Play time at the park while on the road with our Bailey Dog. Soaking up our time with her.

Making space for family time. Daddy and Q play date at Wonderscope Children's Museum.

Making space for family time. Daddy and Q play date at Wonderscope Children’s Museum.

These last two weeks have been full to say the least. We’ve made stops in 6 different states and spoken at as many different churches. Last week, I was a part of a conference called ignite for children’s ministry leaders. One of the things the ignite conference does is create space for us to reflect on why we do what we do. The words, “For the sake of the Kingdom” kept running through my head. So that others might come to know the hope of Jesus because of the way we live in the world.

At the end of our time together last week, a gracious friend said, “…I know God is and will continue using you for the sake of the Kingdom…”

This week, those words have been a powerful and helpful reminder about why we’re doing any of the things we’re doing these days…

  • Driving to Dallas to visit NZ approved panel doctors for the visa process. For the sake of the Kingdom.
  • Chatting with friends new and old around a bonfire at a friend’s farm. For the sake of the Kingdom.
  • Celebrating the snapshot of the Kingdom at a church that embraced people of all ages with special needs… an adult man playing with dominoes on the floor during the service, a child in a wheelchair, another being loved unconditionally in the nursery. For the sake of the Kingdom.
  • Driving in 4+ hours of heavy traffic to speak at a church. For the sake of the Kingdom.
  • Fellowshipping with long-time Nazarenes and homeless people alike over bowls of soup at a church that intentionally ministers with displaced and homeless people through a clothes closet, laundry ministry, and kinship meals together. For the sake of the Kingdom.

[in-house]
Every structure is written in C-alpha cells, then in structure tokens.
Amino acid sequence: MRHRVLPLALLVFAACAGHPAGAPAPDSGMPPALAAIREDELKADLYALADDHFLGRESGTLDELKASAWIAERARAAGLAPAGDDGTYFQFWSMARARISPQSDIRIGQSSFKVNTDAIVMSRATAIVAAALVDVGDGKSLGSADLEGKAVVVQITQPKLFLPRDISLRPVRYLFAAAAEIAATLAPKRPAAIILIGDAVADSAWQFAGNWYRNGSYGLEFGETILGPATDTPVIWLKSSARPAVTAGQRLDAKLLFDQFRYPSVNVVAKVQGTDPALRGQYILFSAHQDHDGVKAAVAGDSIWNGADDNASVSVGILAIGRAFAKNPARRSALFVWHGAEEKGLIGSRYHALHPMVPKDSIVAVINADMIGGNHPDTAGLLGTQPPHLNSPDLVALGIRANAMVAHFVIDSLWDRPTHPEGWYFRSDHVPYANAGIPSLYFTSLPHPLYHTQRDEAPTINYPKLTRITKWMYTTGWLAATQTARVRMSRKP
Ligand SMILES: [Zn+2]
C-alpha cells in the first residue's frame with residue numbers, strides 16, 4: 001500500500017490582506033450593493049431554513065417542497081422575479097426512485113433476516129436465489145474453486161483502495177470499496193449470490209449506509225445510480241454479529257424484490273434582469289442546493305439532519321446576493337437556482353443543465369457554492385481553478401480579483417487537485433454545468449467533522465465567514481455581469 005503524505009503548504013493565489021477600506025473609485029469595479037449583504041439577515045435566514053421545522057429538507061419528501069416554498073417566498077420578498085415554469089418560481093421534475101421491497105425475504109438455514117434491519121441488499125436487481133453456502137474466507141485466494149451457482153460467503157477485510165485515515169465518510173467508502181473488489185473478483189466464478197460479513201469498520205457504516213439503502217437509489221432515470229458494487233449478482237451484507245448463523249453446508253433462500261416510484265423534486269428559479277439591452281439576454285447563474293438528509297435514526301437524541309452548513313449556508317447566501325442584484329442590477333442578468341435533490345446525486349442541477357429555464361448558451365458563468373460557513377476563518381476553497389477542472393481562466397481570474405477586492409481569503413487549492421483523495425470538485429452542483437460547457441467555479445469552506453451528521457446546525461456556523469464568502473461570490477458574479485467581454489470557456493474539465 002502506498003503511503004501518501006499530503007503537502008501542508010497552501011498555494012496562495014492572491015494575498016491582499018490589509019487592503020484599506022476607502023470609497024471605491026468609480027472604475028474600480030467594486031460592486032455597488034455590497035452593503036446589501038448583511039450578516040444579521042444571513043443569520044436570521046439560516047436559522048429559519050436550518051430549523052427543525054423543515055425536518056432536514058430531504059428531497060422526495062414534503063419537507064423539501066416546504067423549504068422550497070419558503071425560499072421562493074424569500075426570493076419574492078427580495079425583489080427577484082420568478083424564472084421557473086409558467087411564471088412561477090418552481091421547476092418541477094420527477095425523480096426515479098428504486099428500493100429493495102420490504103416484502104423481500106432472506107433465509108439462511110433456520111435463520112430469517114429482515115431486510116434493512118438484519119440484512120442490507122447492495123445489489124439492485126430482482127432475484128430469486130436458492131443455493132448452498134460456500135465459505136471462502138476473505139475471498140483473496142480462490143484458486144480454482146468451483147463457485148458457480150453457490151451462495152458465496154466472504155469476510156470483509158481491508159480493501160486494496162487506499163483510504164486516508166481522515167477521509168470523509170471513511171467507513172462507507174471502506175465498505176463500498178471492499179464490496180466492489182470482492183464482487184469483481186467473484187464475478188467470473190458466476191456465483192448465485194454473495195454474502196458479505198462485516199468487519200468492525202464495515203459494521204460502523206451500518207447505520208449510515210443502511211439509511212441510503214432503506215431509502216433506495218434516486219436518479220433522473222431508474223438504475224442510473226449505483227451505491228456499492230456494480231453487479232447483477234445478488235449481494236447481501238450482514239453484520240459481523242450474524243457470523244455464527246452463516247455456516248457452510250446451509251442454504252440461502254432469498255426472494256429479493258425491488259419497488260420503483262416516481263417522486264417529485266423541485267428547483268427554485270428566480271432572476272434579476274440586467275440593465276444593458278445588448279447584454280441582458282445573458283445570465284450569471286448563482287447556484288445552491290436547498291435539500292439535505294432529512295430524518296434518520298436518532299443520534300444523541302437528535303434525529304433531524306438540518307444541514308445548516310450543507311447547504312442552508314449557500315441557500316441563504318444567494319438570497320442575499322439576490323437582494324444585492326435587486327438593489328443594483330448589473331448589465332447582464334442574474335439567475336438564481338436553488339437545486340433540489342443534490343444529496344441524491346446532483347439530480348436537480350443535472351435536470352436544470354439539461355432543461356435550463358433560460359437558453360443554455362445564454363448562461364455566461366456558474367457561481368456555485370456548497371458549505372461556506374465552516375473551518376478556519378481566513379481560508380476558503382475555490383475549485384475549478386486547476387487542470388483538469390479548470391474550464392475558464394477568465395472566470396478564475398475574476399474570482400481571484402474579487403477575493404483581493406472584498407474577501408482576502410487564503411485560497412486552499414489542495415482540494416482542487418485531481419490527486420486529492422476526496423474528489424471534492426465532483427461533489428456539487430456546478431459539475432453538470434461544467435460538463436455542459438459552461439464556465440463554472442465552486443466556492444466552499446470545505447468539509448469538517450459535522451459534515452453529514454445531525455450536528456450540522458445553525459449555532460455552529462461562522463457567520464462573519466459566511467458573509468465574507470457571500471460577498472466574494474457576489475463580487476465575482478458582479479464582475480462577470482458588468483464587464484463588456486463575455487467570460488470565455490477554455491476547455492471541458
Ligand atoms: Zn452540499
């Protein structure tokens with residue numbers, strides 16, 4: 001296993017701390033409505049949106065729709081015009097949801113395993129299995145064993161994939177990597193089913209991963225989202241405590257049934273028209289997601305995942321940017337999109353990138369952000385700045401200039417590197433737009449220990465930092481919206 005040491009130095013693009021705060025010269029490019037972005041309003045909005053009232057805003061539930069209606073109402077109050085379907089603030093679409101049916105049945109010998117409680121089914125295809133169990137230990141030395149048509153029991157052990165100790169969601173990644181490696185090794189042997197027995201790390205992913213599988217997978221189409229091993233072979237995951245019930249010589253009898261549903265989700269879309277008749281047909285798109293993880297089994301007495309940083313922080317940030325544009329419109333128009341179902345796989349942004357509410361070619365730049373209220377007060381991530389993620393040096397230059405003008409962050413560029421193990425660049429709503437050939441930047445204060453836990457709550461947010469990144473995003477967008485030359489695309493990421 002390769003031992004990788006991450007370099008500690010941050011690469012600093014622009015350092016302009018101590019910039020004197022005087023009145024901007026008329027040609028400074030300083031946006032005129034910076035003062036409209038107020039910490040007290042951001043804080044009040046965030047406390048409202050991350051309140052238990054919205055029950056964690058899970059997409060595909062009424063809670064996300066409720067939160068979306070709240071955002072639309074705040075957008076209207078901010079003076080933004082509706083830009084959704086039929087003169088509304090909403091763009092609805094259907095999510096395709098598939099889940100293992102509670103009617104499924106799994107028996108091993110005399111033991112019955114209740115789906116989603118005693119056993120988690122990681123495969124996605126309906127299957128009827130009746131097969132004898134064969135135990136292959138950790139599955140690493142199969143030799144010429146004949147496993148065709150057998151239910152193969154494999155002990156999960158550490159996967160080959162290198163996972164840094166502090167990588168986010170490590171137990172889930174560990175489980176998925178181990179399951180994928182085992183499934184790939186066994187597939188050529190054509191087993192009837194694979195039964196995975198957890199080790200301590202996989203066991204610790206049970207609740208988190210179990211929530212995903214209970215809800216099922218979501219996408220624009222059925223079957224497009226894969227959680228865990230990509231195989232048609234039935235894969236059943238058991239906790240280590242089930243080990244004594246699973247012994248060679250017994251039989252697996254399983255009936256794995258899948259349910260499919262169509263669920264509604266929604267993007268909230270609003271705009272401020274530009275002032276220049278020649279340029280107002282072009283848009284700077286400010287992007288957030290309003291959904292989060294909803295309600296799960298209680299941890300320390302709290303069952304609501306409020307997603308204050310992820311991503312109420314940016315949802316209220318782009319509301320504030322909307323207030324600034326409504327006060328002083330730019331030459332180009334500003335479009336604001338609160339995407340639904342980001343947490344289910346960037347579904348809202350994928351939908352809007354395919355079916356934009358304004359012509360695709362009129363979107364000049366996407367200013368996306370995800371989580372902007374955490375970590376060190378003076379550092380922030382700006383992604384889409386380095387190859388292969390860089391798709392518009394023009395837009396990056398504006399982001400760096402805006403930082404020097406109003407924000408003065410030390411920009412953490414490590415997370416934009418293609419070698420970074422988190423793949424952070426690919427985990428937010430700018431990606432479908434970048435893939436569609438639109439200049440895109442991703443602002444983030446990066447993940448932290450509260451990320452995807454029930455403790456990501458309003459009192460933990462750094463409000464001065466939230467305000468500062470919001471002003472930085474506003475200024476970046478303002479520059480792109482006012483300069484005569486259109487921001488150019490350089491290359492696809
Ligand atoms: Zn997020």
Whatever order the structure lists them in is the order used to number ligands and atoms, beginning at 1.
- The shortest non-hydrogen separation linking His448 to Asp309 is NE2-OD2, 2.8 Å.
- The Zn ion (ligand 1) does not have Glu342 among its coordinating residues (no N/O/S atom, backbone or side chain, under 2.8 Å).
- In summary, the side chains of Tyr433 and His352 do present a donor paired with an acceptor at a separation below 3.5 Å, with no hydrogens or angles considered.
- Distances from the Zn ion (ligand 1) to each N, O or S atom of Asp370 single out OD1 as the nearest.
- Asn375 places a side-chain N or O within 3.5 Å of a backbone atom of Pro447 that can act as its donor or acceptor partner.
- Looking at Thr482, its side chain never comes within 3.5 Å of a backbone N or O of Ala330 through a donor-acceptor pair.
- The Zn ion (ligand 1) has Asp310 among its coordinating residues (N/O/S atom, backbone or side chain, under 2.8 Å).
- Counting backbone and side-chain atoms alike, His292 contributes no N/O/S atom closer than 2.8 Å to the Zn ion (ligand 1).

• Sitting in long meetings, ironing out details like our new insurance policies, employment status, and deputation funds. For the sake of the Kingdom.
  • Scheduling follow-up appointments and further follow-up appointments for Q as we seek to get him cleared for a NZ visa. For the sake of the Kingdom.
  • Speaking the truth of God’s call on our collective lives in all kinds of different congregations. For the sake of the Kingdom.

To be truthful, it has been somewhat challenging to remember that we’re going to long meetings, jumping through visa hoops, and spending hours on the road for the sake of the Kingdom. The To Do list has seemed a bit arduous as the unexpected has seemed to pile on. True, we’ve had the great joy of being with some of our favorite people over the past few weeks. For that we are grateful. However, life is not just about the fun stuff. It’s about recognizing that everything we do, whether menial or life-giving, challenging or smooth, we do for the sake of the Kingdom. I wonder what it looks like for us to embrace that line of thinking in the day-in, day-out rhythms of our lives?